Teacher: Mr. C, how did Jones determine the $19 million figure?
Mr. C: It has to be an estimate. They certainly do not know for certain how much money they will collect.
Teacher: Ms. D, how do they make that estimate?
Ms. D: They should use historical data updated for any changes in the environment or in the company.
Teacher: Mr. E, what kind of changes is Ms. D talking about?
Mr. E: Well, we are in a recession at the current time so that might mean that the company will collect less from its receivables than in the past. Or, the company might loosen up its credit policies to generate more sales and, thus, again, expect more bad accounts.

We can string together this type of question and walk right through the entire topic in a logical manner.

Notice how we started with a conversation starter (what does the $19 million figure reflect) and then had a discussion about the entire reporting process of this asset. And, I didn’t ask any question that the students (with some thought) could not have answered. They learned about the topic in reasonable increments. By the questions and the sequencing of those questions, I helped guide their understanding. Good questions and proper sequencing – you are talking about the essential building blocks of understanding.

Okay, it doesn’t always go that smoothly in my classes and I do get dumb answers on occasion. But, the students enjoy the give and take of the class. Within a couple of classes, students will start telling me that they actually look forward to the "discussion." Last semester, several students told me that they wanted to be called on more often.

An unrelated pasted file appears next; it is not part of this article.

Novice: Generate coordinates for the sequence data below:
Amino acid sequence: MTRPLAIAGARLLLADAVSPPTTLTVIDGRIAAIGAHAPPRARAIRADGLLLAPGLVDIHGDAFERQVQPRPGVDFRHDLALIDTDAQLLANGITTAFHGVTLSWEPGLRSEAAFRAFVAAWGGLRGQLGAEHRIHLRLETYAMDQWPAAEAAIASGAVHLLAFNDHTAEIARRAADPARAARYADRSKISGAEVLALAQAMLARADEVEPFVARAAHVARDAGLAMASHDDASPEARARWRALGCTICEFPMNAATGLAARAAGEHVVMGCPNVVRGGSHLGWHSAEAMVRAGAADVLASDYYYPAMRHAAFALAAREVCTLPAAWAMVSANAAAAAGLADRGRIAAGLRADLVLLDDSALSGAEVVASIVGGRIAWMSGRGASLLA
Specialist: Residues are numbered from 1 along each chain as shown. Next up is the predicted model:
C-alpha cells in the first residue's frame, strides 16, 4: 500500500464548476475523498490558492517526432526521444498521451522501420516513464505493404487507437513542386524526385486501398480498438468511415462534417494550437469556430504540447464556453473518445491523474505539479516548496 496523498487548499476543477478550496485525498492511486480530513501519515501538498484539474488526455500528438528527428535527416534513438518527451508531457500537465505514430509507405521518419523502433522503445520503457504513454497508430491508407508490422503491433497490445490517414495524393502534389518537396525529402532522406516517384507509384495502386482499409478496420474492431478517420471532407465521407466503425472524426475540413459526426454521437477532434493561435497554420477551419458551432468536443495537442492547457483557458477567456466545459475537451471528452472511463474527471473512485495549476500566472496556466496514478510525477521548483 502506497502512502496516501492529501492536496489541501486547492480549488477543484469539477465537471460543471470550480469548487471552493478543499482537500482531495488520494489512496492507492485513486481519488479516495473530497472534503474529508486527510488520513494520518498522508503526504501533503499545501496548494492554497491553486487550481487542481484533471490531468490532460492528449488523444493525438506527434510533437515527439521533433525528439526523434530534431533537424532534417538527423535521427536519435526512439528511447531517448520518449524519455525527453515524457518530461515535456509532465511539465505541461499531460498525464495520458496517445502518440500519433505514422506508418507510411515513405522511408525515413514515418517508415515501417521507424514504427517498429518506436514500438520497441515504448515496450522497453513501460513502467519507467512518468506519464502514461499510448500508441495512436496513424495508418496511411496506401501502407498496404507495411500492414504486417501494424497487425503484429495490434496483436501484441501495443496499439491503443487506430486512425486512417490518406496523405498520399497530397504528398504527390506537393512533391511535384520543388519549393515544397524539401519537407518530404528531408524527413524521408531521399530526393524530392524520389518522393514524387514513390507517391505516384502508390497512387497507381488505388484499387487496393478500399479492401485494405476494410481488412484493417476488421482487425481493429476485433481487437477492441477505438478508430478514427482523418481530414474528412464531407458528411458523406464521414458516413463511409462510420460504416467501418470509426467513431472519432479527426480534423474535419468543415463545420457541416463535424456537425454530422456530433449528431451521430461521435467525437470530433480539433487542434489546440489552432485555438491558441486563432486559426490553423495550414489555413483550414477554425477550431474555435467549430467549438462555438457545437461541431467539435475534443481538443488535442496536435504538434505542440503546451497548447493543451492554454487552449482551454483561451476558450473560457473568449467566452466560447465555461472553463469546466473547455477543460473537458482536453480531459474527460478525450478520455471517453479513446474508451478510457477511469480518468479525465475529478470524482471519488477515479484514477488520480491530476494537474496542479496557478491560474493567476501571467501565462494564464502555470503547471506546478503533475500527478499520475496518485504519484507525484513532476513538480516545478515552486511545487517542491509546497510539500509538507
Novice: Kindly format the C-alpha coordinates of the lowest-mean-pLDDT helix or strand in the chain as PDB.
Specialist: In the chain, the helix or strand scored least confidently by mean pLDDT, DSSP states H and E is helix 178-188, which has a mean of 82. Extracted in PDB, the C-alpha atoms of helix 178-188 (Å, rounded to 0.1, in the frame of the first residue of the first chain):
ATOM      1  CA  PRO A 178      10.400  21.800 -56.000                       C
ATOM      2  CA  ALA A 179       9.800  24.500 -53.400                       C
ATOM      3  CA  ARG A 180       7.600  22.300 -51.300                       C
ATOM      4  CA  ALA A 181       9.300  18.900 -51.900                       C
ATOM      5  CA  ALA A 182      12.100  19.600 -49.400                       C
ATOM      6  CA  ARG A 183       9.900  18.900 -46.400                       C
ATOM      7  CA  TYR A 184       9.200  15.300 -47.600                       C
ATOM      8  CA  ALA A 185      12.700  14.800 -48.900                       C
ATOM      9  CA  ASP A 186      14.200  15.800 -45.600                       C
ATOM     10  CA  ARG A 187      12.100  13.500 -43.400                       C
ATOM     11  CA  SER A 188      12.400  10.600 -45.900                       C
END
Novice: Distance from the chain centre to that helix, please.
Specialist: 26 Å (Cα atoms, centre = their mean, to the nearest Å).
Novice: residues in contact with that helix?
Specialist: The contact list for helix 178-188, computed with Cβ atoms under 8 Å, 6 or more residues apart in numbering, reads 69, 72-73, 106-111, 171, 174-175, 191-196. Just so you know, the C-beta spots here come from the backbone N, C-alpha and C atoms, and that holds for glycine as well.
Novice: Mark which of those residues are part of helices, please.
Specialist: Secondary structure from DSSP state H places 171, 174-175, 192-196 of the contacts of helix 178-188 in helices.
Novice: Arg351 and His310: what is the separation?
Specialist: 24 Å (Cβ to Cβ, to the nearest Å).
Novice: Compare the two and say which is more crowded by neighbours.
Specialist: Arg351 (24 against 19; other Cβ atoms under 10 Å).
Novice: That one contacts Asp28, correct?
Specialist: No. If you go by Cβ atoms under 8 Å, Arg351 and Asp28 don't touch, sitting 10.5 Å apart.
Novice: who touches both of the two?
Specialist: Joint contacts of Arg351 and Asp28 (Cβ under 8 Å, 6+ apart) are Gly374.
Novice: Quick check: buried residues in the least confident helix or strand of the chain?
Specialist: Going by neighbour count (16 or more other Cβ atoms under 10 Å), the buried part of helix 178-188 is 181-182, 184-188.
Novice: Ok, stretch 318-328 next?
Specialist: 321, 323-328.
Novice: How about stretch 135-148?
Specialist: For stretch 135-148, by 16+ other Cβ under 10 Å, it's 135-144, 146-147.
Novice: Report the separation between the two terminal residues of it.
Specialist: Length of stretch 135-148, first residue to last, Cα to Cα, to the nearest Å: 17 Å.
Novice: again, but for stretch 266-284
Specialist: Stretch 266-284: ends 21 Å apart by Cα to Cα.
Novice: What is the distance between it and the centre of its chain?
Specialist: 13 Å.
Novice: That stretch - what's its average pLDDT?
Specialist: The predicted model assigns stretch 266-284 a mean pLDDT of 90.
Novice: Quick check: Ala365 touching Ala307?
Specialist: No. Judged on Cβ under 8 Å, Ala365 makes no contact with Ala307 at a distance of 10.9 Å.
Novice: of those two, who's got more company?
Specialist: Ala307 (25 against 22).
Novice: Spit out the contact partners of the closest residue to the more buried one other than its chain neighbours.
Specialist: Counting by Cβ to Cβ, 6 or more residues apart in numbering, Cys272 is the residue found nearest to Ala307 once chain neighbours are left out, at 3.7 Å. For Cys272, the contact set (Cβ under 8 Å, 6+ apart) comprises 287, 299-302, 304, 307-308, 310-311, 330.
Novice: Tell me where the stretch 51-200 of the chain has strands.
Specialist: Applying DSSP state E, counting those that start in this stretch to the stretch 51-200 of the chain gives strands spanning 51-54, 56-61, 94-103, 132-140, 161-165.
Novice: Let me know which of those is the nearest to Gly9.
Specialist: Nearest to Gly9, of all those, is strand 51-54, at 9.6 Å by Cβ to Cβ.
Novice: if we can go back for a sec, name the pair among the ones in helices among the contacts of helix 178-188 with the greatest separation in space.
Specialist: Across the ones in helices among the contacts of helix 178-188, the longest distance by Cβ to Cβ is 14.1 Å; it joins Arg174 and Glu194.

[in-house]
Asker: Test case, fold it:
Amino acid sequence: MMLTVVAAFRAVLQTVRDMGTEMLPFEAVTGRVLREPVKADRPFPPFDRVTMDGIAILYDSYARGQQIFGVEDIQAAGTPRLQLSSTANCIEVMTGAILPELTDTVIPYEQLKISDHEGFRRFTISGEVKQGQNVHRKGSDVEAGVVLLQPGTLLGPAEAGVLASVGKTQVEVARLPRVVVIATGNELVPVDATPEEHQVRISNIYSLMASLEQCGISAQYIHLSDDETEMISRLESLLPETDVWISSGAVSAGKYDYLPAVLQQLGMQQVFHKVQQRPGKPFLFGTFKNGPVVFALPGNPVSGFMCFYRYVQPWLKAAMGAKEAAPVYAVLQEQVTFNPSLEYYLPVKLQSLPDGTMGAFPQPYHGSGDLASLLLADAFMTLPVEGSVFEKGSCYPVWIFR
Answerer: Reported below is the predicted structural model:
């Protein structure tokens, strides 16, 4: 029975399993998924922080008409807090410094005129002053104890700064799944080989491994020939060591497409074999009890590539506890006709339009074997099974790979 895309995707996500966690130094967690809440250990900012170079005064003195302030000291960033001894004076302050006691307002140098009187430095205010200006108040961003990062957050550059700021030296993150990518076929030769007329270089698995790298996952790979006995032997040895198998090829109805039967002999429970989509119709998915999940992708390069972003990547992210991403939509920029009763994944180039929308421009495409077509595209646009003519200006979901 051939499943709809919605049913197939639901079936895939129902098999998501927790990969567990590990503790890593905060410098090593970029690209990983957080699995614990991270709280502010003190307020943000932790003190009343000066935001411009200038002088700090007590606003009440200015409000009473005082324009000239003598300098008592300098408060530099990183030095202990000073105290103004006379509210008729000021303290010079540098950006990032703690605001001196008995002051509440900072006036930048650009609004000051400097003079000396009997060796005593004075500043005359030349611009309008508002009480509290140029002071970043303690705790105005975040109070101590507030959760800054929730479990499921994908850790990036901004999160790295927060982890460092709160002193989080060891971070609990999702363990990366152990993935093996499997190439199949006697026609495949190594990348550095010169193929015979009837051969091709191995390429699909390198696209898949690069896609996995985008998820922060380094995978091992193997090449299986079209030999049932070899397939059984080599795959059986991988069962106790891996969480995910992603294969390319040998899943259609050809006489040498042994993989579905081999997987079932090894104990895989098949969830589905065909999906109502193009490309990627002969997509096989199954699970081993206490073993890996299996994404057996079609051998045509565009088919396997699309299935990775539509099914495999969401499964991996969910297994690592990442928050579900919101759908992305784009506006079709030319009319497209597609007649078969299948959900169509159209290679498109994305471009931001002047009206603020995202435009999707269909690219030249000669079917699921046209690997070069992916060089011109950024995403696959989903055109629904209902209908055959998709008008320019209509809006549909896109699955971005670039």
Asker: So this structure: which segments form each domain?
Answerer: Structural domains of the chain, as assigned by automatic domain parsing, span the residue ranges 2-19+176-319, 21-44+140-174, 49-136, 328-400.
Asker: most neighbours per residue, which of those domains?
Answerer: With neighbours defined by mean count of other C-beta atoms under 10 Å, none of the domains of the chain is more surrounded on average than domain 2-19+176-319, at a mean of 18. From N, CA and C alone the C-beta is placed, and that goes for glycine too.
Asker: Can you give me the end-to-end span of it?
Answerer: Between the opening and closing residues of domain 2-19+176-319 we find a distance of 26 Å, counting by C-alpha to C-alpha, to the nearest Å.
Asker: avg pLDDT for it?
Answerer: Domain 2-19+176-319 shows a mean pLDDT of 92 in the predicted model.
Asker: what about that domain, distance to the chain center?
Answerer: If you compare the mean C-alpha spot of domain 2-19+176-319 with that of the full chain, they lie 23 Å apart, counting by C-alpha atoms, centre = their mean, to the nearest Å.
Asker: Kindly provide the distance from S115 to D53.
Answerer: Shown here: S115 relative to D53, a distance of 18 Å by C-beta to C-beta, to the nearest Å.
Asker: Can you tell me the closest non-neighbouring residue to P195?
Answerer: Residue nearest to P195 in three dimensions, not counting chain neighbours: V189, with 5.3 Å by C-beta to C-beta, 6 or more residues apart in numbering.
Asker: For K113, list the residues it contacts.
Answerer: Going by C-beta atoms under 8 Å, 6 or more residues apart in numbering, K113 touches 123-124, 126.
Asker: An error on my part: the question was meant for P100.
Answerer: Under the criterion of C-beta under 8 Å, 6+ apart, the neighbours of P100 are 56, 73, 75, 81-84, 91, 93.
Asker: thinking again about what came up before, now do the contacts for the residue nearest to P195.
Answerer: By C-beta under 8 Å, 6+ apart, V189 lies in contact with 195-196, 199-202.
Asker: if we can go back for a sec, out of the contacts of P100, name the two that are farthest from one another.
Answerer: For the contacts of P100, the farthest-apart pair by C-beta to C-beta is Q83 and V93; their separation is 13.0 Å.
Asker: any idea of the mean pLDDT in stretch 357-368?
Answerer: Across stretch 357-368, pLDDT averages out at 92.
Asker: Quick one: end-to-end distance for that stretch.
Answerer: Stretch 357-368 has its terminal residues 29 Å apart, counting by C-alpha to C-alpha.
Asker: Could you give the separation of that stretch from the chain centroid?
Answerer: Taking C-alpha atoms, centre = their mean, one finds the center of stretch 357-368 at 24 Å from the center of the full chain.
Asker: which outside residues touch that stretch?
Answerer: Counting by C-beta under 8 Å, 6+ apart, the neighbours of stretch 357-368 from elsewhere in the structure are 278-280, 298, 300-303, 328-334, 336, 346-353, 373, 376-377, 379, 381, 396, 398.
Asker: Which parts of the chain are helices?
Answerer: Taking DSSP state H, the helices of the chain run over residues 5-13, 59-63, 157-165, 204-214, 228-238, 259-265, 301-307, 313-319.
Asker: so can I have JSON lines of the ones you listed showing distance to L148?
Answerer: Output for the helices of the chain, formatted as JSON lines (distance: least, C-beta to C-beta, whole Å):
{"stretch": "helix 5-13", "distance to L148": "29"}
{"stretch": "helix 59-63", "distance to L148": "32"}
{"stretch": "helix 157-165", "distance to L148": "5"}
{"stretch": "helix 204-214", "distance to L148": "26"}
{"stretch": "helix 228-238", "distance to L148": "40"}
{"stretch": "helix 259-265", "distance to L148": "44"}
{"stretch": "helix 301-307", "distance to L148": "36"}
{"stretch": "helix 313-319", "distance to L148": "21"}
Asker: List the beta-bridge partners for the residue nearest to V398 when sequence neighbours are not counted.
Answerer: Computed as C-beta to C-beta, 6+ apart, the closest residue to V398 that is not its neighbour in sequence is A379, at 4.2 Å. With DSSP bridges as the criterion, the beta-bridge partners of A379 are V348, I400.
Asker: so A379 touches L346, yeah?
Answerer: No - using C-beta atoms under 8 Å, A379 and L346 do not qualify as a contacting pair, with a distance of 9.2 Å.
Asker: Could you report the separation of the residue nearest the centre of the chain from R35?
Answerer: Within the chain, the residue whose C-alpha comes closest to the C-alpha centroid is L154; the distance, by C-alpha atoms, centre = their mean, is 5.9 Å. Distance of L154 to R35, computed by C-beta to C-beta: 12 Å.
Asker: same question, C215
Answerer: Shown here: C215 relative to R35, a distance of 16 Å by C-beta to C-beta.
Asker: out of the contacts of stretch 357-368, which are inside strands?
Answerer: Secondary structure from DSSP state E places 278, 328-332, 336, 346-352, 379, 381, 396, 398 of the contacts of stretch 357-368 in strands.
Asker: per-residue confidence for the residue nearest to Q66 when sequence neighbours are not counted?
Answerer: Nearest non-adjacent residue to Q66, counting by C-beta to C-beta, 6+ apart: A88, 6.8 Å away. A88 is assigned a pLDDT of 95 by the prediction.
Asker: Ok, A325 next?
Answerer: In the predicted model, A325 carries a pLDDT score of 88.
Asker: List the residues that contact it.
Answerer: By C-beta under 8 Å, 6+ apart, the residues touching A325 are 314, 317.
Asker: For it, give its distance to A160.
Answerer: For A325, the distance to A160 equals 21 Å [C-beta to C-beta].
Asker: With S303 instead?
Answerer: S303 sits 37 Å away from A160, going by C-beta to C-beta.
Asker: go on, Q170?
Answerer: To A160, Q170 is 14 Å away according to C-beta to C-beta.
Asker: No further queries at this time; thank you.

That is how I do it. However, keep in mind that the key is student preparation that leads to student engagement. You have to decide what works for you. Experiment. Try lots of different things. But keep your eye on what you are trying to accomplish: getting your students to prepare so that they can be an active part of their own learning.

Here are the Day One conversation starters that my Financial Accounting students received from me about ten days ago and will be expected to answer this coming Monday at 1:30. This is actually a little short. My classes are only 50 minutes in length and taking the roll on the first day and covering the course outline will take some of our time.


(a) – I start every class by giving you a handout like this one. It contains the questions that we will talk about in the following class. I never lecture. We just have a conversation. However, you cannot hold up your end of that conversation unless you have prepared for class. I am not much interested in what you can throw out off the top of your head. I realize you have done that in the past in high school and (possibly) in college but you need to stop it. You are an adult now; I need for you to be prepared. I am very much interested in what you have spent time thinking about and considering. I believe that is how people succeed in life—being prepared.

(1) - I have sent you the first chapter for a textbook that I am writing with C. J. Skender of UNC (well, it is finished now and we will have the finished version in a couple of weeks). Read that first chapter—since I wrote it, it ought to tie really well into what I want you to understand.